How To Prevent Water Hammer

Water hammer, (WH) one of the most common problems with check valves, is the generation and effect of high-pressure shock waves that occur in relatively incompressible fluids. These shock waves are produced when a liquid is suddenly forced to stop in a pipe, i.e. closed valve or pump shut down.

The Disastrous EffectsWhenever incompressible fluid exists in a piping system, there is the potential for fluid hammer.

DFT Non-Slam Check Valves Effectively Prevent Water Hammer

The risks for water hammer occurring are especially elevated when the fluid’s velocity is high, when there is a large mass of fluid moving, and/or when large elevation changes occur within the piping system.

Within the system, if a swing check valve is used, it relies on either gravity and/or fluid flow in order to close, and therefore the flow reversal must occur before closure begins.

When the swing check does finally close, it abruptly stops the flow, causing a pressure surge that results in shock waves, which continue until the energy generated from this closure dissipates.

These pressure surges and waves exert extremely high forces and act against the piping and the valve, causing very high stress on the metal, along with vibrations in the system.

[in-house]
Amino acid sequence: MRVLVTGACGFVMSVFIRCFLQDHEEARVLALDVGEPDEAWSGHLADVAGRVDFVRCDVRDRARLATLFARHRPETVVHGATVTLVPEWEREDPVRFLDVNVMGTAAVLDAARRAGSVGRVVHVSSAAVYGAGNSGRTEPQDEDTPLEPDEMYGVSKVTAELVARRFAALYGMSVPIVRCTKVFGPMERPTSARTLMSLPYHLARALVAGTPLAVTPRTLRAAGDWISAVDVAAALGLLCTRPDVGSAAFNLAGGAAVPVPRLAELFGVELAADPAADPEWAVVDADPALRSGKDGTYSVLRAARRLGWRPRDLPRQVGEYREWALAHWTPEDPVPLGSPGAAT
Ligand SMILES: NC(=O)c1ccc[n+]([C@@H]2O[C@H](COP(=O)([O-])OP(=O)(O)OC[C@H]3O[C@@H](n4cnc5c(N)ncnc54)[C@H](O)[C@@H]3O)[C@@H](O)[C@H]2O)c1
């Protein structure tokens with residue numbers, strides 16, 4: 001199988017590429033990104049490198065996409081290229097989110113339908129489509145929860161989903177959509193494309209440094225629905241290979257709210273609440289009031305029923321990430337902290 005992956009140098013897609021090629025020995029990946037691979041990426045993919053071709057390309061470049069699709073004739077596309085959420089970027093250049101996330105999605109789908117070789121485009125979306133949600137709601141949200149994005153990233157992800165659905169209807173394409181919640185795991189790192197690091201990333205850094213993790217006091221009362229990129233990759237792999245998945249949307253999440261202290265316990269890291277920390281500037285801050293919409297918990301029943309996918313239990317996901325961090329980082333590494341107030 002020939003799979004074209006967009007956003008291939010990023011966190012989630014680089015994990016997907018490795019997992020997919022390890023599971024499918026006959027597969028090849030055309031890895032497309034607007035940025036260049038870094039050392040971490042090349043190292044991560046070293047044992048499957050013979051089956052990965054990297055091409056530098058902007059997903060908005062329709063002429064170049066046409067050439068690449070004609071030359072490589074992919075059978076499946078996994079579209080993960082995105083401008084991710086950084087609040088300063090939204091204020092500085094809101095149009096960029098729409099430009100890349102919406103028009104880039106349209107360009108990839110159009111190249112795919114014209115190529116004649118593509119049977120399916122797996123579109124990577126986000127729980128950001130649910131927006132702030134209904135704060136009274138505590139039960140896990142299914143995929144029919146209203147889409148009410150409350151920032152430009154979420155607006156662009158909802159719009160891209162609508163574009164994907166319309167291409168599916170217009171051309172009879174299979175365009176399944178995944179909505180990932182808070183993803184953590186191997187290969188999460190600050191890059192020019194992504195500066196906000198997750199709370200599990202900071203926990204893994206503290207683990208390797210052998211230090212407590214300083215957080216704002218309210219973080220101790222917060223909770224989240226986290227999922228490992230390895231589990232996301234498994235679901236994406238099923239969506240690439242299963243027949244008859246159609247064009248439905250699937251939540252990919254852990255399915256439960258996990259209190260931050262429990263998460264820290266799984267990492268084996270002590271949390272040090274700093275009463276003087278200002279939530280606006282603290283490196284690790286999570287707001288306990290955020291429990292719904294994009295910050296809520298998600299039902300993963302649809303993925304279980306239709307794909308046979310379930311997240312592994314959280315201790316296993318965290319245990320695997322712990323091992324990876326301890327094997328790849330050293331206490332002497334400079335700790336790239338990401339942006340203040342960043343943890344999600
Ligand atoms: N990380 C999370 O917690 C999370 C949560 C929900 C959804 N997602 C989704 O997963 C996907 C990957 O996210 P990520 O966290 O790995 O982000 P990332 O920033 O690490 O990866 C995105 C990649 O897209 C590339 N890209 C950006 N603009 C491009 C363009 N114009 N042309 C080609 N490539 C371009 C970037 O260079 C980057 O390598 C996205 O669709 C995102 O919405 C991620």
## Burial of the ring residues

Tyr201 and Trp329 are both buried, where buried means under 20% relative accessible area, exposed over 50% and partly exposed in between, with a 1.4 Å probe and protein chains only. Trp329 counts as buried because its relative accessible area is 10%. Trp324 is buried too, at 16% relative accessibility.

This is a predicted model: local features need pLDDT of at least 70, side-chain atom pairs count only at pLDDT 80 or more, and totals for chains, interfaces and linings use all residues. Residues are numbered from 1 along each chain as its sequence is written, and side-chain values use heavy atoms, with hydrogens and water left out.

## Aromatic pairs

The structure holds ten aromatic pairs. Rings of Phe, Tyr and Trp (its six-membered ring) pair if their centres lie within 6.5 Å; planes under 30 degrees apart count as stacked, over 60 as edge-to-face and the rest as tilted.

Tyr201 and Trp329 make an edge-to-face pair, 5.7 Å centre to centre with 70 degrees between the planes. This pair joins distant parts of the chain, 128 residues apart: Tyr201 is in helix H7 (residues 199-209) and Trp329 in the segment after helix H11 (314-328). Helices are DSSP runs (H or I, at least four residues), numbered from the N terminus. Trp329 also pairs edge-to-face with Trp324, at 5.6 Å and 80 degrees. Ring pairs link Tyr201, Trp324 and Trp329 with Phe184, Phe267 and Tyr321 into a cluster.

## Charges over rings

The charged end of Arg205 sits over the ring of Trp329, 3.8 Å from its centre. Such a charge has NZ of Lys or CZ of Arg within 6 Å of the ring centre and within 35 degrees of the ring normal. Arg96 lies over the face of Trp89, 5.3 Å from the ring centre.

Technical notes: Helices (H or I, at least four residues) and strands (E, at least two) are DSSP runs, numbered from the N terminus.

Preventing Further Damage

When a system is not designed to withstand these high transient forces, the results can be ruptured pipes and/or components, and further damage. In fact, water hammer commonly causes noise, vibration, and hammering pipe sounds, which may eventually result in equipment damage, flange breakage, ruptured piping, and damage to pipe supports.

These problems can be greatly minimized or even eliminated by installing a spring assisted, non-slam check valve. Because non-slam check valves do not rely on gravity or fluid flow for their closure fluid hammer isn’t a problem.


With a non-slam check valve, the disc is closed by the spring assist on the valve as the forward velocity of the fluid slows. The spring assist, along with the relatively short distance the disc must travel, mean that by the time the forward velocity had decreased to zero, the valve disc has reached the seat and the valve is already closed.

Reverse flow is eliminated, and therefore the forces necessary to produce WH on the upstream and downstream sides of the valve are substantially eliminated as a result.

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